By the way, if you need the closely guarded secret that is the Amazon customer services number for the UK it’s 0800 279 6620 (open from 08:00 to 18:00).

And besides, who needs books when you have hugely funny posts like this from Mary? Or rebelling against the hokey-pokey from Celia? Or any of Mark’s wierdly wonderful offerings? Then of course there’s Harriet’s deeply satisfying snippets of London life and Briggy’s wonderful writing (and a yummy redesign!).

You want more? How about Drew, readjusting to the move from New Zealand back to London?

You know, ‘twould be quicker if I just pointed you in the direction of the sidebar. Have fun.

Another book meme

Monday, March 28th, 2005

More passing the buck baton – a meme from SB on books (scroll down to see her choices).

You’re stuck inside Fahr enheit 451, which book do you want to be?
I’ve not yet read Fahrenheit 451 but SB (helpfullly) writes that folks in this story memorized books to save them (to save the books) from the fire; they became the book they memorized.

Hmm. First thought was Pollyanna but to be honest, I think being or having a full time Pollyanna in your life would be bloody infuriating, much as the world might need one right now. So I’ll go for Jane Eyre. Even though the first part of her life is no picnic, once the nasty business is over and done with I imagine that she and Rochester would live a very happy and contented life.

Have you ever had a crush on a fictional character?
A crush? No. But I’d adopt Donald Zinkoff in a heartbeat.

The last book you bought is:
A Sweet Obscurity, Patrick Gale. Our local Ottakers bookstore is selling them at 99p as a “taster” to his other work. The theory is that you buy this one cheaply and come storming back for everything else he’s written. Sounds like a good plan. Will let you know.

The last book you read:
House with a Past, John Courage. Sadly out of print now and I treasure my copy (ex library stock). To be honest, it’s not that well written (too many exclamation marks! and the ending is crammed into two pages where the villians recap their evil deeds to the victims before killing them, as if the reader hasn’t guessed it all by now) so I can’t quite explain my attachment to it. Maybe because it reminds me a little of something Nevil Shute might have written, or perhaps because it was one of the first grown-up, hardback books I ever bought second hand.

What are you currently reading?
Cascading Style Sheets: The Designer’s Edge, Molly E. Holzschlag . Brilliant. Except for the title. I’m sure designers can learn css from it too but it’s extremely well written and suitable for the non designers among us. I wonder if the title puts people off?

Five books you would take to a deserted island:
I read fiction very quickly so the list would have to be books I know I love and can reread at the drop of a hat.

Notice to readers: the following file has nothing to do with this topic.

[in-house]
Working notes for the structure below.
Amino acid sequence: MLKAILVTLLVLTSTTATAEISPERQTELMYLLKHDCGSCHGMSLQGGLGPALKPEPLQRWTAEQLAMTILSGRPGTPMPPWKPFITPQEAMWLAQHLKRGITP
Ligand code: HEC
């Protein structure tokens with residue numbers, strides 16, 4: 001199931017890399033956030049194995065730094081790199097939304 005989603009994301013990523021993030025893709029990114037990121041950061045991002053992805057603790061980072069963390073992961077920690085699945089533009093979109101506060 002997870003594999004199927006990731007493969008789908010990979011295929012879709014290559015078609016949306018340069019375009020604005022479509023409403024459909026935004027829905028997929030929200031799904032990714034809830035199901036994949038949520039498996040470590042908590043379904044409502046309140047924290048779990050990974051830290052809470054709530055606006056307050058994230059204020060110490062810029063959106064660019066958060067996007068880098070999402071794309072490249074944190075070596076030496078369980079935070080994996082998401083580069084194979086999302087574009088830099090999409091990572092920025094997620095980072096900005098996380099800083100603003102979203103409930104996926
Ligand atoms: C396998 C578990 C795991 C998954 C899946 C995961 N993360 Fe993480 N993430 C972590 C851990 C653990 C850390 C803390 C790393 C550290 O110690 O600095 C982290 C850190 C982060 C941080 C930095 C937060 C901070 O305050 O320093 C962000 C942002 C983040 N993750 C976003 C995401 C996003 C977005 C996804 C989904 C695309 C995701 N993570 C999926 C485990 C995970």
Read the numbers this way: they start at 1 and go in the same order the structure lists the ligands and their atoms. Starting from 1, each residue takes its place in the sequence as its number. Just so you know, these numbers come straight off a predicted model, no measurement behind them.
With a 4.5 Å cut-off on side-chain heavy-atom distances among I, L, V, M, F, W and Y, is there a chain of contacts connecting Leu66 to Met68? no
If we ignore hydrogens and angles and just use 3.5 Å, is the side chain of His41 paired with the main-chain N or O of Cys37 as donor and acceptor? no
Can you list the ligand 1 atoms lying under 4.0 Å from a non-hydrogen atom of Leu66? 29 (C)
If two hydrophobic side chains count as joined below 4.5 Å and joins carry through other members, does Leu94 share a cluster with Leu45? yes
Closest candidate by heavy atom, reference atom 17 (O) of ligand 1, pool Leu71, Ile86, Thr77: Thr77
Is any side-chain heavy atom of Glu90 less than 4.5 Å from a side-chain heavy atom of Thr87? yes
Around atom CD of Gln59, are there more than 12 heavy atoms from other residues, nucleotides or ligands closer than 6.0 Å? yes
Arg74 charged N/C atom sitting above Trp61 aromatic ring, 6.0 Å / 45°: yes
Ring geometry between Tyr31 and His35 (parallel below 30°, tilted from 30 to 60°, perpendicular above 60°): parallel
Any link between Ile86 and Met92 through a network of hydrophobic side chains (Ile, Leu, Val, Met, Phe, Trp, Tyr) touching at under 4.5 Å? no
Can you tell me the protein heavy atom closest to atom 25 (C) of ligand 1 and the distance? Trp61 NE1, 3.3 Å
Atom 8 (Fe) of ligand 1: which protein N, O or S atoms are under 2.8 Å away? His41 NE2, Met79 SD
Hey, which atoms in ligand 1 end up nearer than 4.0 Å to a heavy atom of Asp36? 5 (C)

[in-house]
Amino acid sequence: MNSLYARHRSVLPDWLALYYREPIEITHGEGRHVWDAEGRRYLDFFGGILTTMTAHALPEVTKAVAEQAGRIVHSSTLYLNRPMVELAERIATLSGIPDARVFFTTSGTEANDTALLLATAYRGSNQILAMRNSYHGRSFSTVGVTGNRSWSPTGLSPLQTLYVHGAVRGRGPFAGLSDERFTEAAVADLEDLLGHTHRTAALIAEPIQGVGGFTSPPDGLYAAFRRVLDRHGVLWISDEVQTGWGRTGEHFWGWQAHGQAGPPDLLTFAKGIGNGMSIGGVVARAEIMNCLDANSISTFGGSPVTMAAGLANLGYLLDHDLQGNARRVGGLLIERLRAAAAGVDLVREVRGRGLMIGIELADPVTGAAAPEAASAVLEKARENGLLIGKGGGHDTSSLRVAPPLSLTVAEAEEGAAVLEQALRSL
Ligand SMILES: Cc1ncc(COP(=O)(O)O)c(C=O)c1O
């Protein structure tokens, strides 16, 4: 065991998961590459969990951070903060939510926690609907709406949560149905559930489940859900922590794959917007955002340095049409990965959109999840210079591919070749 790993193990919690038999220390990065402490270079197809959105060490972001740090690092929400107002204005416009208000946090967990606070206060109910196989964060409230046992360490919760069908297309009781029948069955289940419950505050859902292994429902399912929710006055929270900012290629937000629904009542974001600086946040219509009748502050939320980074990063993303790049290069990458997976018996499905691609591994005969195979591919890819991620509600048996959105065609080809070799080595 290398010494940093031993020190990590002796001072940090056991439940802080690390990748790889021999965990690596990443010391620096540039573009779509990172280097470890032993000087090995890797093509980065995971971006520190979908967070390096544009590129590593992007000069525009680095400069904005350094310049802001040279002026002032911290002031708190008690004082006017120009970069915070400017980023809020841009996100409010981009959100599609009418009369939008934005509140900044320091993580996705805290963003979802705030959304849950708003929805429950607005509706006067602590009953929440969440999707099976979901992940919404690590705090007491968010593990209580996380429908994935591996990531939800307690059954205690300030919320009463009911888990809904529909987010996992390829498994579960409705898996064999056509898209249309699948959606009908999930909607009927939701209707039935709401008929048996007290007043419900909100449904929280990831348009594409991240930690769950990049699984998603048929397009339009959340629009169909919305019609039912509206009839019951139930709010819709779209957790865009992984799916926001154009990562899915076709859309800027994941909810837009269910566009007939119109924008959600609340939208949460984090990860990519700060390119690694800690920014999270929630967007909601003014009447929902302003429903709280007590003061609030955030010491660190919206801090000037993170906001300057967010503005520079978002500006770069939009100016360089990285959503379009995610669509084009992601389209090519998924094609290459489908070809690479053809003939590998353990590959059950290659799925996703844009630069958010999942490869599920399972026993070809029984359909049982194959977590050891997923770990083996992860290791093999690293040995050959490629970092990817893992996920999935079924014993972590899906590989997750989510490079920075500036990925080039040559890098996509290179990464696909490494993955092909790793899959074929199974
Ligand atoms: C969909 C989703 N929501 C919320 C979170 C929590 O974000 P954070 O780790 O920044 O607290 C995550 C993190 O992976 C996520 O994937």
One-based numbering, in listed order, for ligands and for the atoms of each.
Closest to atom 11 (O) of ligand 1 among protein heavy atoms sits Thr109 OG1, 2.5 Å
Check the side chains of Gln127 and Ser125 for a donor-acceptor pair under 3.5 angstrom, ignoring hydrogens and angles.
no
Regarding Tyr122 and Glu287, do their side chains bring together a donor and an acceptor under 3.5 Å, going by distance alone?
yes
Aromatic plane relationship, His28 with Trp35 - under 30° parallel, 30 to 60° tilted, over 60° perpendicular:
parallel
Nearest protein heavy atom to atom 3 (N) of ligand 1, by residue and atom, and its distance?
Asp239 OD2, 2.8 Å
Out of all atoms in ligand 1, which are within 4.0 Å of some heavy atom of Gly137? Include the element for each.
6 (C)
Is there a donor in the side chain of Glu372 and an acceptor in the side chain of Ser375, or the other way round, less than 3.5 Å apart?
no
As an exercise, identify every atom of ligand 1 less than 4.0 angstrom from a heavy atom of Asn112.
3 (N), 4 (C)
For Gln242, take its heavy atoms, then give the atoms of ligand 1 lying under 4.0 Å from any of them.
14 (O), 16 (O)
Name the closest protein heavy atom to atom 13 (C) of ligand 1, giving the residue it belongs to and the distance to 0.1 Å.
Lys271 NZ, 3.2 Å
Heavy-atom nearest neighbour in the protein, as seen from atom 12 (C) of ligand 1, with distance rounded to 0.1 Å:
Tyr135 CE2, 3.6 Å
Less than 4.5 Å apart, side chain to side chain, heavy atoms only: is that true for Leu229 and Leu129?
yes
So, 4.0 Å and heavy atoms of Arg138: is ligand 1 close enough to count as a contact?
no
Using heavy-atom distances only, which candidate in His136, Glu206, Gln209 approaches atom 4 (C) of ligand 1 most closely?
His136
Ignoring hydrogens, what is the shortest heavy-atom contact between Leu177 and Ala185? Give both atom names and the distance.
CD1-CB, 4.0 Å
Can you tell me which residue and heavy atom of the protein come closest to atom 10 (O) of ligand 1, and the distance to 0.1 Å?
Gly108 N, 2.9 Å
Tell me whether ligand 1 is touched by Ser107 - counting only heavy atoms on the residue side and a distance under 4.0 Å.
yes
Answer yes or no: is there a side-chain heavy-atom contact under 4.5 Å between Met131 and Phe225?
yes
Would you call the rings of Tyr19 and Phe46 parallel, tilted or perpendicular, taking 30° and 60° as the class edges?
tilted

House with a Past, John Courage (out of print)
A Clergyman’s Daughter, George Orwell
[something] by Bill Bryson
Book 4 to be added
Book 5 to be added

Who are you going to pass this stick to and why?
Anyone who hasn’t yet completed it? But especiallly Huwge (when he’s back), Nancy (because we’ve been having an email exchange recently, exclaiming at the similarities in our personalities so I’m keen to hear her selection), Leah [for obvious reasons], Mary, Donna, Neil and lovely Briggy because they’ll all have great answers.

But feel free to join in!

Bill Bryson

Thursday, March 10th, 2005

Tonight at 18:30 BST (about 40 minutes from the time of this post), Bill Bryson will be discussing his book A Short History of Nearly Everything.

If you miss the live broadcast you’ll be able to see it via the archives, along with talks by Jared Diamond, David Attenborough et al.

I say tomato

Friday, February 18th, 2005

It occurred to me earlier to wonder again why fringes are called fringes in the UK but bangs in the US.

The Word Detective has this to say:

… “Bang” continued to evolve, and by the 19th century was used to convey suddenness or finality, which brings us at last from Old Norse hammers to modern haircuts. “Bangs” are so-called because they are created by cutting the hair “bang- off,” abruptly and straight across the forehead. And finally, at the risk of offending our bang-coiffed readers, I must tell you that “bangs” as a young lady’s hairstyle almost certainly originated with the practice of cutting horses’ tails straight across, a style known to this day as a “bang-tail.”

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10 books by the same author

Thursday, February 17th, 2005

Another meme while I work on my apathy issues – I still care what’s happening in the world, just having a hard time getting my head round some of the crap that’s happening in this country lately.

Anyway, this one’s from both Billy and e. I realise that it reveals a compulsive side to my nature (if I like a book I have to read everything the author has produced) and I would love to add a second list of “authors I’ve read everything of, even if they’ve written less than 10 books” but this’ll do for now.